(B) Archaeologists studying a site can tell whether or not that site had been flooded at some time. (we don't know how this relates to why they should have been left there)
(C) The materials used in the construction of a mosaic are readily apparent when the mosaic is examined in its original location. (how they were constructed is not part of the argument)
(D) Archaeological sites from which artifacts have been removed rarely mislead archaeologists who later study the site. (on track, let's keep)
(E) The removal of artifacts from archaeological sites rarely has any environmental impact. (environmental impact is totally outside the scope)

Let's focus on the only two that seem to be on track:

(A) The only considerations that bear upon the question of whether the mosaics should have been removed are archaeological.
(D) Archaeological sites from which artifacts have been removed rarely mislead archaeologists who later study the site.

Let's negate each one:

(A) Archaeological considerations are NOT the ONLY point of consideration.
(D) Removing mosaics WOULD mislead archaeologists.

The negation of (D) seems to SUPPORT the conclusion, saying yeah, we shouldn't have removed them! It basically reiterates the evidence.

With (A), it's like saying, "there's other things we should consider." Well, if there are other points to consider other than archaeological ones, then it definitely hurts the conclusion since the entire conclusion's evidence is based on archaeology. Perhaps those other considerations would have something to do with the flooding??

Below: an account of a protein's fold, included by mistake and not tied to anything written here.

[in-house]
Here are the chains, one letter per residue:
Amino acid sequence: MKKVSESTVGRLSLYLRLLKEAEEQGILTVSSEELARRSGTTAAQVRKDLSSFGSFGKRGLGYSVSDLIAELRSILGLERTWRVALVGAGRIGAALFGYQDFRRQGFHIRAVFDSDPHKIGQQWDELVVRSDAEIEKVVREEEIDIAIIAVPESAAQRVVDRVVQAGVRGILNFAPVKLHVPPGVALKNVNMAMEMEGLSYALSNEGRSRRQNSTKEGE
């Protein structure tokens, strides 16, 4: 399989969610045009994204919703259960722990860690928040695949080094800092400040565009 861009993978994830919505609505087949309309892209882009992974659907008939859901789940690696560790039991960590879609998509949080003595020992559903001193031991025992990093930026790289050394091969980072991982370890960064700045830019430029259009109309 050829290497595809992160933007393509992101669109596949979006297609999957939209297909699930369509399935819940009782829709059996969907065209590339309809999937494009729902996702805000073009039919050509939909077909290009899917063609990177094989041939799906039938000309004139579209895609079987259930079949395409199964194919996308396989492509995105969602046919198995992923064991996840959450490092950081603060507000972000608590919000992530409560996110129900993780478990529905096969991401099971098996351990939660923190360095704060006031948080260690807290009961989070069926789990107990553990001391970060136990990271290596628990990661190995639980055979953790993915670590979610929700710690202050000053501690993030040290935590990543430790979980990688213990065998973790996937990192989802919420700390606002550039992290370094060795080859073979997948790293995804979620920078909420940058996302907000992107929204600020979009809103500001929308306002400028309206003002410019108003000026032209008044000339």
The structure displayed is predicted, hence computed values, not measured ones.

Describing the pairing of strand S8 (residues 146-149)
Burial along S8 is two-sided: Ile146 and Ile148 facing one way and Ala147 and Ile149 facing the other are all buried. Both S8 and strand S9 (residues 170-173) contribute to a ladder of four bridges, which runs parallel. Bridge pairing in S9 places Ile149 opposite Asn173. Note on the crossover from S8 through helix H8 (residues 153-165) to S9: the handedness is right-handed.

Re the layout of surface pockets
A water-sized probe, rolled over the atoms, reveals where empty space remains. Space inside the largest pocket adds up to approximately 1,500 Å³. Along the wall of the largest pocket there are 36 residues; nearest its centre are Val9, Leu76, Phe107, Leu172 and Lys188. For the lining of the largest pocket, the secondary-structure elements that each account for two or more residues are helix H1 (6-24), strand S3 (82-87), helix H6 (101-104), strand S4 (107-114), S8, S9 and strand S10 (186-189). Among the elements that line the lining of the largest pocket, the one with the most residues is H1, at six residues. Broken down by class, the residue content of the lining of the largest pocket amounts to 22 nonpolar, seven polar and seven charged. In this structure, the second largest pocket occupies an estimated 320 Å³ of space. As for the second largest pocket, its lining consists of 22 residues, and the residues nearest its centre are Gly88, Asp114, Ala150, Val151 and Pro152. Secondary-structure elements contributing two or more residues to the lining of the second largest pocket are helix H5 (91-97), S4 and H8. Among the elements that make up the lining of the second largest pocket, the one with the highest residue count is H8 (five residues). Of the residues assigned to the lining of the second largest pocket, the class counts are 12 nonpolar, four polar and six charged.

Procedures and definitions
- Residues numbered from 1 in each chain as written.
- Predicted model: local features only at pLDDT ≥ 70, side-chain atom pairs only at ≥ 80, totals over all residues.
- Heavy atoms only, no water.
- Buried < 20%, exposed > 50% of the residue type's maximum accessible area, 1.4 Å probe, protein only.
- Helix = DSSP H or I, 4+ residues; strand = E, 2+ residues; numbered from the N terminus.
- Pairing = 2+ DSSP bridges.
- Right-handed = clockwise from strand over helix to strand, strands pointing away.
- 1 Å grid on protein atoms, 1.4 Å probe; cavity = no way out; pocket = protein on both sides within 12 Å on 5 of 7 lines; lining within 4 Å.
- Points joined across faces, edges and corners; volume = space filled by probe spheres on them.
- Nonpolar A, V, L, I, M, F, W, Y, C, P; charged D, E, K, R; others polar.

I'll be honest, I don't LOVE (A) as an answer to an Assumption question but the keyword "justify" sort of makes this one a bit like a Strengthen question. Hopefully, we can see here that (A) is just miles ahead of the other answer choices. We don't need a "perfect" answer; we just need one that "beats" the other four!
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Archaeologist: The mosaics that were removed from Zeugma, the ancient  [#permalink]

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02 Apr 2019, 13:45
patto, same thing with this question. Please correct your questions.

GMATRockstar, thank you for taking time to answer this question. The reason, as you identified, that this question is a little weird is because it is a sufficient assumption question, not a necessary assumption question. The former appears on the LSAT, but not on the GMAT. It is more in line, as you described, with a bridge the gap question.

Once more, negation does NOT work on sufficient assumption because the assumption is NOT 100% NEEDED to make the answer correct. This is a key difference and should be recognized. For those who have struggled with LSAT assumption questions, do not feel discouraged; this is probably why you haven't understood the reasoning/answer. If more of these are around, please tag me in them and I will correct them.
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Archaeologist: The mosaics that were removed from Zeugma, the ancient   [#permalink] 02 Apr 2019, 13:45
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# Archaeologist: The mosaics that were removed from Zeugma, the ancient